Donor Update Call Script [free download]

Are you calling your donors to thank them for their support? Are your board members helping out? I certainly hope so, if not you are losing out as other nonprofits in town are connecting with your donors this way!

With donor thank you calls becoming more common these days, how do you stand out? Try donor update calls.

These calls are very similar to donor thank you calls, but they take place three to six months after the donation is made. We are once again calling to say thank you, but this time we have results to share. We have the proof that their donation made a difference and we simply want to share that with them.

Sound good? Read to pick up the phone? Nervous … here’s my Donor Update Call Script to help you out. Now go call some donors!

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Are You Sabotaging Your Fundraising Just to Save a Buck?

Let’s talk about my least favorite tool in fundraising. I don’t even want to call it a tool, because I don’t think you should use it AT ALL. What is it? The Window Envelope.

Yes, window envelopes. They don’t belong in fundraising. What comes in window envelopes? Bills. Bills! Do you want your fundraising appeal to look like a bill when it comes? That’s just screaming, “Throw me in the trash!” No, we don’t want that. And what else do some organizations use them for? Gift acknowledgements or thank-you letters. That’s even worse! Do you want your thank-you letter to look like a bill? No, we don’t want that either.

Why do we use them? Well, it simplifies the process a little bit if we don’t have to also address the envelope – we can see through from the letter. Print shops have really convinced us that this is cheaper. Get it quoted, it’s usually not that much cheaper. And is the connotation that, “It might be a bill,” worth the minimal cost savings you get by using a window envelope? No.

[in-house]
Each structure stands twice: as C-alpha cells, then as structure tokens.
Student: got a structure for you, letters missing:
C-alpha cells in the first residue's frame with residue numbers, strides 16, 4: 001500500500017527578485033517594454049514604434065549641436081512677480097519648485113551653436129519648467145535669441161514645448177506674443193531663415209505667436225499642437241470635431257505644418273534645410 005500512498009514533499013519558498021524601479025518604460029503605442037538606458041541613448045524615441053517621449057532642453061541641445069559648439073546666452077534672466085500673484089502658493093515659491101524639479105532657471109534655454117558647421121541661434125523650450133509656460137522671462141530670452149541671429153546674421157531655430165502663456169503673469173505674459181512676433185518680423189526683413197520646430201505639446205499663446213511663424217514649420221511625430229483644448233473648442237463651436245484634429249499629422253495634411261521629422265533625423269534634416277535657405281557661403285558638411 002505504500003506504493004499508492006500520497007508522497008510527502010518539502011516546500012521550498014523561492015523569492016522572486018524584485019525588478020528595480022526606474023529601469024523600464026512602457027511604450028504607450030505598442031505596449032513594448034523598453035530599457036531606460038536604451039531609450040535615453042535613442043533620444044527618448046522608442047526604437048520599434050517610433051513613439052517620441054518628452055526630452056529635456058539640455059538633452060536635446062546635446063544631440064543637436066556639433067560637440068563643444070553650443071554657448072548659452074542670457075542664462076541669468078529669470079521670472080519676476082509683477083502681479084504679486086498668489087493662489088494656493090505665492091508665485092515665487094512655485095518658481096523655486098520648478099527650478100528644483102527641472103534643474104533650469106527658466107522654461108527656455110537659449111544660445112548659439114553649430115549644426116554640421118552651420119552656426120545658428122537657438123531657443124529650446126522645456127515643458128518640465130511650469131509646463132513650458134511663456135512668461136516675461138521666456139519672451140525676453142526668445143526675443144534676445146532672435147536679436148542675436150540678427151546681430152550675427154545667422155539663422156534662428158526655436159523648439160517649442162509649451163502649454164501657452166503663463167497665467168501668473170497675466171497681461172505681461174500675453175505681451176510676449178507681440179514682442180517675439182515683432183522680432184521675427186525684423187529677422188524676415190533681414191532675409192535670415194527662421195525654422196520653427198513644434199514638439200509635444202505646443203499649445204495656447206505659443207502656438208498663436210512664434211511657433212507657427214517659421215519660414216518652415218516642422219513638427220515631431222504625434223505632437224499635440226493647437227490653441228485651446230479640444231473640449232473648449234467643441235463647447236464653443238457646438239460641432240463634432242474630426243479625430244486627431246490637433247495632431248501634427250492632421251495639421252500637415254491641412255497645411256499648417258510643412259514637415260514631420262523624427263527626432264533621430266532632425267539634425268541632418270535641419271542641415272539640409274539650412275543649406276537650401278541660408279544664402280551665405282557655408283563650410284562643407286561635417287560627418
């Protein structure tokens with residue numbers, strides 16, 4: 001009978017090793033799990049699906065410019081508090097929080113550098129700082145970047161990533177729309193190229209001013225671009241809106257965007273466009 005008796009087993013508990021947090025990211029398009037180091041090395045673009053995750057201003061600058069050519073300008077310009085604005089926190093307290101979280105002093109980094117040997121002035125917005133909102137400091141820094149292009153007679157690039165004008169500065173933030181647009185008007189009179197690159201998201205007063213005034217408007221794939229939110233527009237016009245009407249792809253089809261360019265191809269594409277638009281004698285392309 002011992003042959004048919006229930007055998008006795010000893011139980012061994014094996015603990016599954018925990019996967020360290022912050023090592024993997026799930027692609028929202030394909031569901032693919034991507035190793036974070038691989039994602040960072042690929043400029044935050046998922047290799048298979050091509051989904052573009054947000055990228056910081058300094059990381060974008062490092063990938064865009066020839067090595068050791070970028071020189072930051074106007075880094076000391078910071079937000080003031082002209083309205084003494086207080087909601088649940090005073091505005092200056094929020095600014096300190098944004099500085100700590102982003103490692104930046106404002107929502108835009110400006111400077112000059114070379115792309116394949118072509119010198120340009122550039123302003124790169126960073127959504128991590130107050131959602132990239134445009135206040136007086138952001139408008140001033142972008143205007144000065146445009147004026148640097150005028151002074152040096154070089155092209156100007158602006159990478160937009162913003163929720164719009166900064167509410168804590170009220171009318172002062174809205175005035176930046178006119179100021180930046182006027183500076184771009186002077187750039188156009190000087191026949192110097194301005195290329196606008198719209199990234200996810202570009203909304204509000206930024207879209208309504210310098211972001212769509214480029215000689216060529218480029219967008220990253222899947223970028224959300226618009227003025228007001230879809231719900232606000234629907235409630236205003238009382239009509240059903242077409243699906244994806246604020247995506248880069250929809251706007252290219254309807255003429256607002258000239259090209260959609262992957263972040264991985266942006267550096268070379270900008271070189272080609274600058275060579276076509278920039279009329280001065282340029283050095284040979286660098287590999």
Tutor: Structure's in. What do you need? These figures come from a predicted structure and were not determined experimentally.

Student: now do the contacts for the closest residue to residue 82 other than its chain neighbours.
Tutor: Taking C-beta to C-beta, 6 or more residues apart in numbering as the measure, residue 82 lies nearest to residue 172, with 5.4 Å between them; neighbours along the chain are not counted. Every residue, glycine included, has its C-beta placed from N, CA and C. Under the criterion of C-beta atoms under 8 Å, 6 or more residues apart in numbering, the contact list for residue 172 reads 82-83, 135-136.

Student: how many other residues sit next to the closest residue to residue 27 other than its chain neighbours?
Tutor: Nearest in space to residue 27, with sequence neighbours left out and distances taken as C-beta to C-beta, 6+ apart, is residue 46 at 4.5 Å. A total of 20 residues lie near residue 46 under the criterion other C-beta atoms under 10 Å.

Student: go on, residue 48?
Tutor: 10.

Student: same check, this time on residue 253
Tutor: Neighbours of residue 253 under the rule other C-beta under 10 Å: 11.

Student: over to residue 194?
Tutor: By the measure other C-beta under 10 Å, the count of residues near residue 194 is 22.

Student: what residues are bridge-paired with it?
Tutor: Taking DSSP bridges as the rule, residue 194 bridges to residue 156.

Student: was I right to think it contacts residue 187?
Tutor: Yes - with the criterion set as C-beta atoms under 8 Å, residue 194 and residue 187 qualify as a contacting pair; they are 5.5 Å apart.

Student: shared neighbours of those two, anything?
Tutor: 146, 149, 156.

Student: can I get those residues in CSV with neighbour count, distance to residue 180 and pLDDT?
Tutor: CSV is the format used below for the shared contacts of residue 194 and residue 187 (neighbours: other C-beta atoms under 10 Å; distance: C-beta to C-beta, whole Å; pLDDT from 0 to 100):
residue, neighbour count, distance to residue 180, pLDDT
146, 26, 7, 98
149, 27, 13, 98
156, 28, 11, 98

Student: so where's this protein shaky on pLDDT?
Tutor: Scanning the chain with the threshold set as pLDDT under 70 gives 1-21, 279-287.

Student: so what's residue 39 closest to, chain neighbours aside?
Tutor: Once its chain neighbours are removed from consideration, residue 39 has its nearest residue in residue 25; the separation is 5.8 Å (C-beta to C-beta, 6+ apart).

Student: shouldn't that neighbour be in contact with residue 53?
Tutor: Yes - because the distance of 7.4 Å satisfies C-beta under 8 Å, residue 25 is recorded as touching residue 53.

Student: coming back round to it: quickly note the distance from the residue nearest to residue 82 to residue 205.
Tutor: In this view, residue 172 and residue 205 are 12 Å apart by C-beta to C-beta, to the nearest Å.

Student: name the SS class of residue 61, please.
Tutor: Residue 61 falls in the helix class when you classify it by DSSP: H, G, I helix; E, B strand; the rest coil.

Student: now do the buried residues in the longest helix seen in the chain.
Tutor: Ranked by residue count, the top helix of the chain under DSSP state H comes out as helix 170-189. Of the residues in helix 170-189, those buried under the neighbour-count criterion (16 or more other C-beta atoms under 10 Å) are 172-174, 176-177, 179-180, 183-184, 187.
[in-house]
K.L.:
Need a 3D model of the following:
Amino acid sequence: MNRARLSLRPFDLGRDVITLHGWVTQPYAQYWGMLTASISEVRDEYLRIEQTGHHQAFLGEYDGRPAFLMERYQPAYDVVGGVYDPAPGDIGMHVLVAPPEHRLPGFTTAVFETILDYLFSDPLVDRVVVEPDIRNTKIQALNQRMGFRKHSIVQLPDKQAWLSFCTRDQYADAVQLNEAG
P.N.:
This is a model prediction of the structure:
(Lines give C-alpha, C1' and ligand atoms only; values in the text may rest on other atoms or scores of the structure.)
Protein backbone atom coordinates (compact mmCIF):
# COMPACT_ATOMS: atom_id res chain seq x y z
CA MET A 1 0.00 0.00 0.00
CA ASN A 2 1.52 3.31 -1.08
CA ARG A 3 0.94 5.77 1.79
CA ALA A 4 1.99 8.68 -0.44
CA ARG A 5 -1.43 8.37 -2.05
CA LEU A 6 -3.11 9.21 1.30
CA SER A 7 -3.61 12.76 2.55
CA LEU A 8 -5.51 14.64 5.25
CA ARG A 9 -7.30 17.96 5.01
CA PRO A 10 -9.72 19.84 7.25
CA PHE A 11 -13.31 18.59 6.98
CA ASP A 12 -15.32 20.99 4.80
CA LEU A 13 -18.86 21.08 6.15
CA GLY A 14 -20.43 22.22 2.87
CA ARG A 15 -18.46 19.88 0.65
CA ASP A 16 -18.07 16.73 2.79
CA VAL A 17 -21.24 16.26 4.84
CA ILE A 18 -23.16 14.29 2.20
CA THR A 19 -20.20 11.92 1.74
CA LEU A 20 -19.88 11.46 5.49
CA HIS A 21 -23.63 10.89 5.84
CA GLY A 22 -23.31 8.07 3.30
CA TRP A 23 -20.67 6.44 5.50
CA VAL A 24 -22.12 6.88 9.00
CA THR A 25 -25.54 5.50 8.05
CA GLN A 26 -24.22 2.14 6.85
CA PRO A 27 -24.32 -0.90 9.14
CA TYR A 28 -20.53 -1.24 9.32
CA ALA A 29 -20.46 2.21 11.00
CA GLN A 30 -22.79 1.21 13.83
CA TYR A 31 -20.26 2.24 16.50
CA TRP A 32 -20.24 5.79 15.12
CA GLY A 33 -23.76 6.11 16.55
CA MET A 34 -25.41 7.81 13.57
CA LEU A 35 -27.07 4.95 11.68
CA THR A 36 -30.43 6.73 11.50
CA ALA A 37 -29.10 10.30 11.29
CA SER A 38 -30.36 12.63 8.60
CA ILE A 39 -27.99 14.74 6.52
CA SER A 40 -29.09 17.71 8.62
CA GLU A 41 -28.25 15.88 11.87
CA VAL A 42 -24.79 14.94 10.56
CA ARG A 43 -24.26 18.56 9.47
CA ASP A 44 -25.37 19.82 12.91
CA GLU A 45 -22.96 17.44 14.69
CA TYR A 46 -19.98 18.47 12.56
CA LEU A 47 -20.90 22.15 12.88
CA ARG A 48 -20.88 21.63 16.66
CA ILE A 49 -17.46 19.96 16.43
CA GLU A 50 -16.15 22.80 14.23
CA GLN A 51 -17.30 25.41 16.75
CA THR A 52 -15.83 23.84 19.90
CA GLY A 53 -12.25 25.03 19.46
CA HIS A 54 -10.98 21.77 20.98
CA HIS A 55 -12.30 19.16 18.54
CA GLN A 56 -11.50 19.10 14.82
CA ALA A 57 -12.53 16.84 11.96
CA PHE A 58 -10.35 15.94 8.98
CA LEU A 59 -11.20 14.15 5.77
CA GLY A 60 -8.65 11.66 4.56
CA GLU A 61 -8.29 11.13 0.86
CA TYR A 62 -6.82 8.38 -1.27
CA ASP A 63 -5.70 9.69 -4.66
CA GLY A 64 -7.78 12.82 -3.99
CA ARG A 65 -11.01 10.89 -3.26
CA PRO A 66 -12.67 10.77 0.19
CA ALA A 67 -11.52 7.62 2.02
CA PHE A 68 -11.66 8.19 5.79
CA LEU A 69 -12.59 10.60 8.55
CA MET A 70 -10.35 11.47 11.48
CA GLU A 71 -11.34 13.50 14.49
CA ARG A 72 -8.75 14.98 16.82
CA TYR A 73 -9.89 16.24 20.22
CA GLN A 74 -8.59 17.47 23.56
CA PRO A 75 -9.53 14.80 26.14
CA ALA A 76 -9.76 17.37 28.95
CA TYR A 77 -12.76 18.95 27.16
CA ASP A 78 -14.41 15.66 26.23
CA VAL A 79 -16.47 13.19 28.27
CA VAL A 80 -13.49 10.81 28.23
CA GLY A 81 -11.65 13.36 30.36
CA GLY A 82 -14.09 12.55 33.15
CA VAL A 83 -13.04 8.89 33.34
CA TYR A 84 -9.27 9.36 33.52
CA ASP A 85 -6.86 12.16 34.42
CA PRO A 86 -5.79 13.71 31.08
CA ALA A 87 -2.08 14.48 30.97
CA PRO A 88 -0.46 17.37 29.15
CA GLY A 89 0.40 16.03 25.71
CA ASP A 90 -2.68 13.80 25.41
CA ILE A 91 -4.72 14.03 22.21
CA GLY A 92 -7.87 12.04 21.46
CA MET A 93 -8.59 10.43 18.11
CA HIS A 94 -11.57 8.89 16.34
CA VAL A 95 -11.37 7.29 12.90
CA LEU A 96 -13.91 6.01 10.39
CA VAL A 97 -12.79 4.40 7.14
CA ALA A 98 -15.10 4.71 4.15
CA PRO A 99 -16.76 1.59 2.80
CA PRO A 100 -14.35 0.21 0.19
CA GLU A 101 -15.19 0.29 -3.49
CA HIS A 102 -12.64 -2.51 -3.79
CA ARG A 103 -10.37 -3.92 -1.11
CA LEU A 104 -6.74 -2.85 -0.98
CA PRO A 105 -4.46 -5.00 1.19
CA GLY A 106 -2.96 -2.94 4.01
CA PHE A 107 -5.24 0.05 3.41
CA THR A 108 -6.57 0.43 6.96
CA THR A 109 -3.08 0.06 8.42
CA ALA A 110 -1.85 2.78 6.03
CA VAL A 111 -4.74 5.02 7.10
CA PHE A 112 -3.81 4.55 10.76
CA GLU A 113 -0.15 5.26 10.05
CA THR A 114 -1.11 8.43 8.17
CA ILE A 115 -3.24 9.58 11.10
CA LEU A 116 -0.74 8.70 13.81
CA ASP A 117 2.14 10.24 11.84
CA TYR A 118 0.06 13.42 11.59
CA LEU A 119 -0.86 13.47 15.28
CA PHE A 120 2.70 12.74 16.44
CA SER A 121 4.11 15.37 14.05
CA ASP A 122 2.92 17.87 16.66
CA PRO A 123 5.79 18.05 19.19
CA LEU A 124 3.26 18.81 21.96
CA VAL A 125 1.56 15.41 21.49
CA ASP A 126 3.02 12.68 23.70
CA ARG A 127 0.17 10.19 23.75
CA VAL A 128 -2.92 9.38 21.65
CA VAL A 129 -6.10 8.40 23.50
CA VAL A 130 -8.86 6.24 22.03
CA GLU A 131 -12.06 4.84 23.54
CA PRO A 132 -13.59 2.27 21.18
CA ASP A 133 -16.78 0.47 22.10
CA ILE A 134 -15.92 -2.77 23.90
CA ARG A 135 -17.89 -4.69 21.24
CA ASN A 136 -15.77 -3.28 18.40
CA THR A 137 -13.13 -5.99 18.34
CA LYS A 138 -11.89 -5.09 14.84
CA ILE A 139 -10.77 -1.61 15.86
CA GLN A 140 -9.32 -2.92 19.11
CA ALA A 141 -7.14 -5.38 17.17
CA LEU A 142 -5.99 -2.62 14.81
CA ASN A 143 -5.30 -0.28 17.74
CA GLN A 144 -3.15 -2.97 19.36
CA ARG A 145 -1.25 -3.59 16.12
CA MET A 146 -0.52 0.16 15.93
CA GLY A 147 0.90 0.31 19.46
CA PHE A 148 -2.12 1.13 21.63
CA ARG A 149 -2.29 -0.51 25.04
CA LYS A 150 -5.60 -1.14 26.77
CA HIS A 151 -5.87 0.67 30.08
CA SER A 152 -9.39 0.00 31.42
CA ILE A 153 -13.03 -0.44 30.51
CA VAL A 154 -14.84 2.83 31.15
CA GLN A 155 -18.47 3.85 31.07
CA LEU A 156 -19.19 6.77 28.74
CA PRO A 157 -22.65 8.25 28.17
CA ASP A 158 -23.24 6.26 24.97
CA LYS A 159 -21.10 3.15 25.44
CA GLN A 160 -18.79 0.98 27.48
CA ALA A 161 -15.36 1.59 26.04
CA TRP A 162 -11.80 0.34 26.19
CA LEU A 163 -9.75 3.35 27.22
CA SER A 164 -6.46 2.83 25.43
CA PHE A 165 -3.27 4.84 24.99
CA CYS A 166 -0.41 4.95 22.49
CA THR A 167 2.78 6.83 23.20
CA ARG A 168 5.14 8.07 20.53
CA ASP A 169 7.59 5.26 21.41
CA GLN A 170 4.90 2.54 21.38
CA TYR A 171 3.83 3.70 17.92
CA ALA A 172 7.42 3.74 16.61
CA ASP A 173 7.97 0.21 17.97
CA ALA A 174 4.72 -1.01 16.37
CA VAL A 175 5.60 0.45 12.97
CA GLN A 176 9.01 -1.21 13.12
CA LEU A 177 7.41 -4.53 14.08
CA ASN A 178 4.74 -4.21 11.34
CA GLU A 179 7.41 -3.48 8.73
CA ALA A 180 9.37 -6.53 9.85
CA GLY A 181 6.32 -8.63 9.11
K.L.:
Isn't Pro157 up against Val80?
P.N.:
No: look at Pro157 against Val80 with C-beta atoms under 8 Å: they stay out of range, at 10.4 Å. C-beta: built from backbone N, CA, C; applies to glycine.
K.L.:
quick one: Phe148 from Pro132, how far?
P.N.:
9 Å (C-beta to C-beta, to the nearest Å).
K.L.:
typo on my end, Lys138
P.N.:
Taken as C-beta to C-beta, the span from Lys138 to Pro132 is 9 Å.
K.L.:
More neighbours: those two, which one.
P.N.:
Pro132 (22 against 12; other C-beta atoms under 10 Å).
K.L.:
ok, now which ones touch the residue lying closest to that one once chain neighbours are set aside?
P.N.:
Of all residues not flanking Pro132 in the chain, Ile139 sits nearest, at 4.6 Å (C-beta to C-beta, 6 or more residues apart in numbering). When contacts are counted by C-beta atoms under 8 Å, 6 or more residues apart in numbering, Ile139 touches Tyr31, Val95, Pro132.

So, I recommend getting them completely out of your nonprofit. Don’t use them anywhere, not even accounting. Just don’t use them! Get them out! It’s not worth the chance that your donors see that letter and think you’re billing them, or you’re invoicing them for their support. It’s just not worth it.

What do I think we should do with them? Check out the video above for some @fundraiserchad special effects.

#donorlove Newsletter Audit (with Agents of Good)

Do you send a printed newsletter? Does it boost donor loyalty and engagement? Is it serving your organization or is it just something you do because you’ve “always done it that way?”

Your donor newsletter needs to ooze with #donorlove and show your donors all the great things that THEY are accomplishing (not what your organization is accomplishing). Make them the hero and give them the credit.

It’s one thing to tell you how to do this and other to show you. My friends Jen Love and John Lepp at Agents of Good do just that in this #donorlove Newsletter Audit. Check it out and optimize your donor newsletter!

The Secret to Sending Prompt Thank You Notes

After we meet with a donor, prospect or volunteer; especially for the first time, we fundraisers have the best of intentions to send a thoughtful hand-written thank-you note. We truly appreciate the gift of time that the individual has given us and we want to sincerely thank them for it.  Plus, we know that most people don’t get many thank-you notes; especially hand-written ones, and we know the impact that they have on the recipient.

But what typically happens?  That’s right—life happens. We go to back to the office and get buried in the flood of emails that piled up while we were away. Or we head home and go right into dinner prep, homework help, dog walking or other activities. Even if we add “Write thank you note to Susan” to our to-do list, three days often go by before we get to it — and promptness is a big key to success with thank-you notes.